To obtain a fair and just valuation of its property, claimant hired an appraiser who was paid $6,000.00 for the report and $5,600.00 for her court appearances and trial preparation. Therefore, the total paid to the appraiser was $11,600.00. In addition, claimant hired an engineer. The total fee paid to the engineer was $5,295.00. Further, claimant's attorney incurred disbursements totaling $779.00.

Claimant also retained counsel on a contingency fee basis that set legal fees as one-third of the difference between the total recovery and advance payment. Claimant will receive statutory interest from the date of the taking to the date of payment at a rate of 9% on the difference between the award and the advance payment. In light of a vesting date of September 18, 1995, counsel contemplates that payment is likely to be in June 2001, therefore, counsel relies on an interest rate of 51.75%. Calculating the interest from the date of vesting (September 18, 1995) to June 2001, counsel anticipates that the total award would be $67,826.18, and that his fee would be $22,608.00. Counsel fees together with expert fees and disbursements will total $40,282.00.

In defendant's affirmation in opposition to this motion, defendant argues that the calculations of the claimant do not substantiate the award they are seeking. Defendant agrees that the difference between the advance payment and the Court award is $44,696.00. Assuming a June 2001 payment date, defendant calculated interest to be $19,108.00. When adding the interest to the $44,696.00 defendant arrives at a total award of $63,804.00. Using a rate of 42.75% defendant calculates the award for attorney fees to be $21,268.00.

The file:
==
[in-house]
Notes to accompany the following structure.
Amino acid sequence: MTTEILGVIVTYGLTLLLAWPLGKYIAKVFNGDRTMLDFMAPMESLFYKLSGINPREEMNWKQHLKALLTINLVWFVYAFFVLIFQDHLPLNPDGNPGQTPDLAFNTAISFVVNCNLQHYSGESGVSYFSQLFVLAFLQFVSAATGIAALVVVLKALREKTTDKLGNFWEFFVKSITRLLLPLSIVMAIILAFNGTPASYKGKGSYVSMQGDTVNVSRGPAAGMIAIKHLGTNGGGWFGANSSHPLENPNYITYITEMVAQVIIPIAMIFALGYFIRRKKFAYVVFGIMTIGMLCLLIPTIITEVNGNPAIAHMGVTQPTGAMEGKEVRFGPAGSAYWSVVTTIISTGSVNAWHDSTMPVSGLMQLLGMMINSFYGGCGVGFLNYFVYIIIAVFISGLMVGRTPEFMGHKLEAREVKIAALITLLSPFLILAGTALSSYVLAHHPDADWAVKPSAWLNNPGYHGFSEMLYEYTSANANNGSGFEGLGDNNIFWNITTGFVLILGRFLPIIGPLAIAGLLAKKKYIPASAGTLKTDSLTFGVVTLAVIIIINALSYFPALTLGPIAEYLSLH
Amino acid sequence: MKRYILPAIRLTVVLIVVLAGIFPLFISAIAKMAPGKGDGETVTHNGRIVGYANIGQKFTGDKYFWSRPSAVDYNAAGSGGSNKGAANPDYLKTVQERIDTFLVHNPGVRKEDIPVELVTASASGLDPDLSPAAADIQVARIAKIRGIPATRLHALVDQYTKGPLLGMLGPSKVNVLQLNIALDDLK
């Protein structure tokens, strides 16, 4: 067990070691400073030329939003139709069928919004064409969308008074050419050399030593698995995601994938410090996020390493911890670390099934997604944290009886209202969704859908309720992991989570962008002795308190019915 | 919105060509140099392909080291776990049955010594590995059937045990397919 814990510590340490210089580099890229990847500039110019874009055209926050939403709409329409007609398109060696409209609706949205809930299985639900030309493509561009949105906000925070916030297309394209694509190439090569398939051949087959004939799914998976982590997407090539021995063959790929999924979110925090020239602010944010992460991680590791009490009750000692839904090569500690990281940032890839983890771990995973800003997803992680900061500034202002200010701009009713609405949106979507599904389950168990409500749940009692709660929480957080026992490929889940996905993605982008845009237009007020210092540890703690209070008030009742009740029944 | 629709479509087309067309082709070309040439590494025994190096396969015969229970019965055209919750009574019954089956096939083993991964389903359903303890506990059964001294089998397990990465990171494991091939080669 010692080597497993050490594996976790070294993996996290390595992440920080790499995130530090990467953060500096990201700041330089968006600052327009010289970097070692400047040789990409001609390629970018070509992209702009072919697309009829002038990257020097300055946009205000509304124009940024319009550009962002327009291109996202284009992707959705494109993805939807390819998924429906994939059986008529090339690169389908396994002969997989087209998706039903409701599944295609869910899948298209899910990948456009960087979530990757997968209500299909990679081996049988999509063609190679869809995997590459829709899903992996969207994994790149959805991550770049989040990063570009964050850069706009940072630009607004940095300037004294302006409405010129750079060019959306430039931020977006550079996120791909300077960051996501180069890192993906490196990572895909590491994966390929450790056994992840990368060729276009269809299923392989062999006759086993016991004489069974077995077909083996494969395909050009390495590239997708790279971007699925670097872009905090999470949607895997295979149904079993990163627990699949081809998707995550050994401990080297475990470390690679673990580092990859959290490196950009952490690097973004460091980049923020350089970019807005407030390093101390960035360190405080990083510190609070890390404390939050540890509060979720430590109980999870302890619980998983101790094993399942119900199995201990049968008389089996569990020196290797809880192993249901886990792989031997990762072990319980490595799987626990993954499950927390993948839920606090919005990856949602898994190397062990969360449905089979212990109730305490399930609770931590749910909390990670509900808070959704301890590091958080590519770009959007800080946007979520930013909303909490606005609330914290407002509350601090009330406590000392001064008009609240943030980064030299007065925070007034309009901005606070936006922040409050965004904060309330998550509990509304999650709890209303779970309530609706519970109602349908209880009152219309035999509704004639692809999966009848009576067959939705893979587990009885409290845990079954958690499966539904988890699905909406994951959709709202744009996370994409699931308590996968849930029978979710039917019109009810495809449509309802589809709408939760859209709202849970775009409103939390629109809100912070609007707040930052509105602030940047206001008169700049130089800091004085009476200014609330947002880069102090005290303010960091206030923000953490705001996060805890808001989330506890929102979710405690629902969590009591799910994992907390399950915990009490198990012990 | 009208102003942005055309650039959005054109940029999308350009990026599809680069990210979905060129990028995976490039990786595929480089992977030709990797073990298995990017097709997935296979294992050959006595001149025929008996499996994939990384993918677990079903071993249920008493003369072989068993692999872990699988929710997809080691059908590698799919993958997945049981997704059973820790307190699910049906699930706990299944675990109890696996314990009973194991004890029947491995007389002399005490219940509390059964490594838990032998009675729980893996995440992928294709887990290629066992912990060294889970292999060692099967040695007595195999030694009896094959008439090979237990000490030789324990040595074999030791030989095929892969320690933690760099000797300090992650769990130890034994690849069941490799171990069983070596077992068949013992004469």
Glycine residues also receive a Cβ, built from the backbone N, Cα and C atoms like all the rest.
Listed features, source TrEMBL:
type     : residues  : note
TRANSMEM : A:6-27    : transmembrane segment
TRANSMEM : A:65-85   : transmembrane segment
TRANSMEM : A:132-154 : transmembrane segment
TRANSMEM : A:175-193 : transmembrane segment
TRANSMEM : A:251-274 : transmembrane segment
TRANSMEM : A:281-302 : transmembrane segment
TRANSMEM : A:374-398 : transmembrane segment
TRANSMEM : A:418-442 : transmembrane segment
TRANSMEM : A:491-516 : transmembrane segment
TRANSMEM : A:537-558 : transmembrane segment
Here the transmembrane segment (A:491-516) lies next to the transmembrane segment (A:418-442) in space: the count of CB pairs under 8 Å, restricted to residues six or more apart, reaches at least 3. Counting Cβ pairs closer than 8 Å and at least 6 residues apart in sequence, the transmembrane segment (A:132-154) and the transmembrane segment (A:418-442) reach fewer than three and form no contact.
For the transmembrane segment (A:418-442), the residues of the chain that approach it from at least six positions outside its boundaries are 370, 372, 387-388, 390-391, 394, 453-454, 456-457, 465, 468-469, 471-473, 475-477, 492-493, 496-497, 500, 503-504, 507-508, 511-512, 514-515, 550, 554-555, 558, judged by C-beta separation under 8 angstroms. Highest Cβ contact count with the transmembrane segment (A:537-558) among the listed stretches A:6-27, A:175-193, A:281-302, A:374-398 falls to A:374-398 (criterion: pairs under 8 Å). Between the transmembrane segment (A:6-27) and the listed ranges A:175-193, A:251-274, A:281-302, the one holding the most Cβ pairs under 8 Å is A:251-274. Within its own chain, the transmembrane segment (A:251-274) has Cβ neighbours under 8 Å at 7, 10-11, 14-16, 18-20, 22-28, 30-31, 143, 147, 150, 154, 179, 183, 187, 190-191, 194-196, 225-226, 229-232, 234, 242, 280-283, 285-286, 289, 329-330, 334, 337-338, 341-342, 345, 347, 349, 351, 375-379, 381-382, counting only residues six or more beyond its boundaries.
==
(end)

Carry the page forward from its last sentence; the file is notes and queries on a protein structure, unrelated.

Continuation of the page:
In view of the vesting date and proposed date of payment, the Court finds the interest should be calculated at a rate of 51.75%.

In view of the fact payment has not been made to this date, the Court cannot calculate the total amount that claimant will receive. Without knowing that amount, we cannot calculate the fee counsel will earn. The parties agree payment is likely in June 2001. Using an interest rate of 51.75%, the Court estimates statutory interest from the date of vesting (September 18, 1995) on the principal difference of $44,696.00 to be $23,130.00(R) . When this is added to the principal amount due claimant of $44,696.00 it is anticipated that the total payment will be $67,826.00. According to claimant's fee arrangement with counsel, counsel's fee would be $22,608.00. Therefore, the additional award to claimant for counsel, expert fees and disbursements would be $40,282.00.